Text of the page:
Winston-Salem resident coaches undefeated Livingstone women

Winston-Salem resident coaches  undefeated  Livingstone women
February 05
00:00 2015

A look back at recent seasons tells you much about the women’s basketball program at Livingstone College. The Lady Blue Bears were at or near the bottom of the stack in the CIAA. For this season, though, it’s a totally different story line.

Livingstone, ranked 11th in the USA Today Division II Coach’s Poll on Jan. 30, is undeniably the surprise team of 2014-15. The past two seasons haven’t been kind: The program had a woeful .384 winning percentage. At the start of February, Livingstone was still undefeated at 20-0 overall and 11-0 CIAA.

Enter first-year coach Anita Howard, who produced a similar quick turnaround during her two-year stay at Salem College. At Salem, a Division III program, Howard transformed a struggling program from being the bottom-feeder of the Great South Athletic Conference, to being the conference champ that earned a NCAA Tournament bid.

With less than a month left in the regular season, there’s no way to determine if Livingstone will have that same level of success so soon. What is apparent is that the Lady Blue Bears are the real deal. There’s no denying that Howard is a prime factor in the program’s meteoric rise.

Nobody in the CIAA saw this coming. In the pre-season polls and predictions, Livingstone was picked to finish last in the six-team Southern Division.

“We’re starting at the bottom and working our way to the top,” said Howard, who started her college coaching career at Winston-Salem State in 2006. “These young ladies have bonded at the right time. They’re mentally tough and they go hard day in and day out. That’s why we’re blessed to be where we are today.”

During Howard’s career, defense has become the hallmark of her teams. At Salem, the Spirits ranked among the national leaders in Division III in several categories. While the Blue Bears haven’t quite reached that level yet, there has been marked improvement. Howard believes in the grit factor. That means boxing out for rebounds, not missing defensive assignments, and being willing to dive on the floor for loose balls.

“Playing tough defense is about giving 100 percent effort,” said Howard, who was voted Conference Player of the Year during her college-playing days at Fort Valley State and Armstrong Atlantic State. “It doesn’t take talent and skills. There’s no such thing as being pretty on defense. It’s getting in the face of opponents, yelling, hollering and making the offense feel uncomfortable.”

One factor not to be forgotten about the revamped version of Livingstone is Howard’s familiarity with the style of play in the CIAA. After serving in key assistant positions at Shaw and St. Augustine’s, Howard is well-versed on what it takes to win in the conference. The fruits of her first recruiting class are a reflection of what she knows about bringing in the right personnel.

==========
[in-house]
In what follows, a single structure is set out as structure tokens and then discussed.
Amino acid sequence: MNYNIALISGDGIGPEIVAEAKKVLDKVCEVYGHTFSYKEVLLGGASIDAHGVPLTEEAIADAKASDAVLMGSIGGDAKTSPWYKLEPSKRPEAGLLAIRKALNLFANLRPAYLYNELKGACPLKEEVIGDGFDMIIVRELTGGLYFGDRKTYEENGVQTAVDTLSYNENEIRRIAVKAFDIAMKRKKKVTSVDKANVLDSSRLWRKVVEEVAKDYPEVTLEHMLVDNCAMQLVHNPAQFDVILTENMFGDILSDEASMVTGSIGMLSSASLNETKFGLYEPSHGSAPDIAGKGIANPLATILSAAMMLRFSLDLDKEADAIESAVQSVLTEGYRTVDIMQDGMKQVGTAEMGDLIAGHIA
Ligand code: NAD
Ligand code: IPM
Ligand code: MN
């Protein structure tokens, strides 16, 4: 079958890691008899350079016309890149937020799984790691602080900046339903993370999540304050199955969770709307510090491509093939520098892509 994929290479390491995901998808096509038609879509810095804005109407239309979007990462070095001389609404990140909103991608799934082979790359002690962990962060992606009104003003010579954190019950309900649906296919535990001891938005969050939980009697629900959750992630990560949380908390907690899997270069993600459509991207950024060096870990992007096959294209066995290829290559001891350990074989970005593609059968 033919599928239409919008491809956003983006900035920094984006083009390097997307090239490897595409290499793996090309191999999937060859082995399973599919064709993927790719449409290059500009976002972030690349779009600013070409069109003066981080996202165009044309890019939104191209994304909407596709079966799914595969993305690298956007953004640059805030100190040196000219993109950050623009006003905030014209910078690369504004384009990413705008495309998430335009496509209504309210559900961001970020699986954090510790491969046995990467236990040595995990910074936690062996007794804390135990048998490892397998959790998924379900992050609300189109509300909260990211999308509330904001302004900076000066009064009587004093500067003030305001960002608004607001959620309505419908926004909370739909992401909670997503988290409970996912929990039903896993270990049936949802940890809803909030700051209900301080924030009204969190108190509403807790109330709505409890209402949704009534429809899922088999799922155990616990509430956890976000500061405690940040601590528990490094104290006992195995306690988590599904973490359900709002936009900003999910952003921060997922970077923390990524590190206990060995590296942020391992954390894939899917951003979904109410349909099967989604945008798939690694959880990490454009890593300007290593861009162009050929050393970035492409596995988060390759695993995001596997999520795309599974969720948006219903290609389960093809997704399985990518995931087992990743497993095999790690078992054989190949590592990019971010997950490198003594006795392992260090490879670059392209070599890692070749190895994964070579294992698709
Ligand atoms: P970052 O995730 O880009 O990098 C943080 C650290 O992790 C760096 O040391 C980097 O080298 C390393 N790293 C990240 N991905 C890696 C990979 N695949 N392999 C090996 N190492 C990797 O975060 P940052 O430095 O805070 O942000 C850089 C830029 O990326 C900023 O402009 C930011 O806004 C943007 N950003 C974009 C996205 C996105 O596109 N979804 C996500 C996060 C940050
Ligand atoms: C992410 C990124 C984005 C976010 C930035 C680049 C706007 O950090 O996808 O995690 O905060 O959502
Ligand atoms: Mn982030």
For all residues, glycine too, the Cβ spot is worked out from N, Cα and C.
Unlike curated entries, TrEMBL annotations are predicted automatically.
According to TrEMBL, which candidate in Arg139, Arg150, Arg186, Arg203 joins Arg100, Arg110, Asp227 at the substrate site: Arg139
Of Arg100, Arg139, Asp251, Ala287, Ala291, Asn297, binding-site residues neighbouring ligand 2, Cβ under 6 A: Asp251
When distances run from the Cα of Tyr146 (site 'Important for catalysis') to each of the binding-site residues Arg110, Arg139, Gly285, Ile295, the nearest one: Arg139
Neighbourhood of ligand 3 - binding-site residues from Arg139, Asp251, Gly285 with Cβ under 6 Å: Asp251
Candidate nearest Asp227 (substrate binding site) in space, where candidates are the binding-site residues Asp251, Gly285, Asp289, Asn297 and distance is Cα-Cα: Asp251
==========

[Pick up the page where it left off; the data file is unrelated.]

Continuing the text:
“The tempo in the CIAA is up-and-down and it’s fast, so you need quickness and athleticism,” said Howard, who lives in Winston-Salem with her husband, Theo and three children. “I was able to bring in the new pieces we needed to go with the returning players. But there was one concern. I signed some basketball divas, players who came from larger programs. The only question was how long it might take to develop team chemistry. The divas and the returning players hit it off from the very start, on and off the court. This group believes they believe they can accomplish great things this season.”

On the front line, power forward Kyra Crosby, a 6-foot-1 senior transfer from Georgia State, leads the team in scoring (13.6 points per game) and rebounds (6.6 per game). Crosby is followed by Cierra York and Precious Roberts (both average 12.9 points per game). JUCO transfer Amber Curtis, nicknamed “Kobe” because of her scoring prowess, has the capability to score points in a hurry, especially from 3-point range.

“This season has been a journey and it’s been enjoyable,” said Crosby. “No two games are the same. So, I’m always looking forward to seeing what kind of adjustments we end up making in order to continue winning games.”

Roberts’ decision to leave Prairie View A&M and come to Livingstone was heavily influenced by Toni Gore, her community college coach at Indian River State (Fla). For Roberts, Gore’s strong recommendation carried a lot of weight.

“Coach Gore was the best coach I’ve ever had,” said Roberts. “So when she told me that she mentored Coach Howard, I was very interested. Even when we first talked on the phone, I had a real good feeling about Livingstone. I love how Coach Howard treats us as players and as women. I know I made the right choice.”

In case folks don’t know by now, women’s basketball at Livingstone isn’t what it used to be. The Lady Blue Bears have played every team in the conference and demonstrated that they are no flukes. Along the way, they’ve raised some eyebrows and turned some heads. “It’s a new day at Livingstone,” said Howard. “We’re not going anywhere. We’re here to stay.”

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Craig Greenlee

Craig Greenlee

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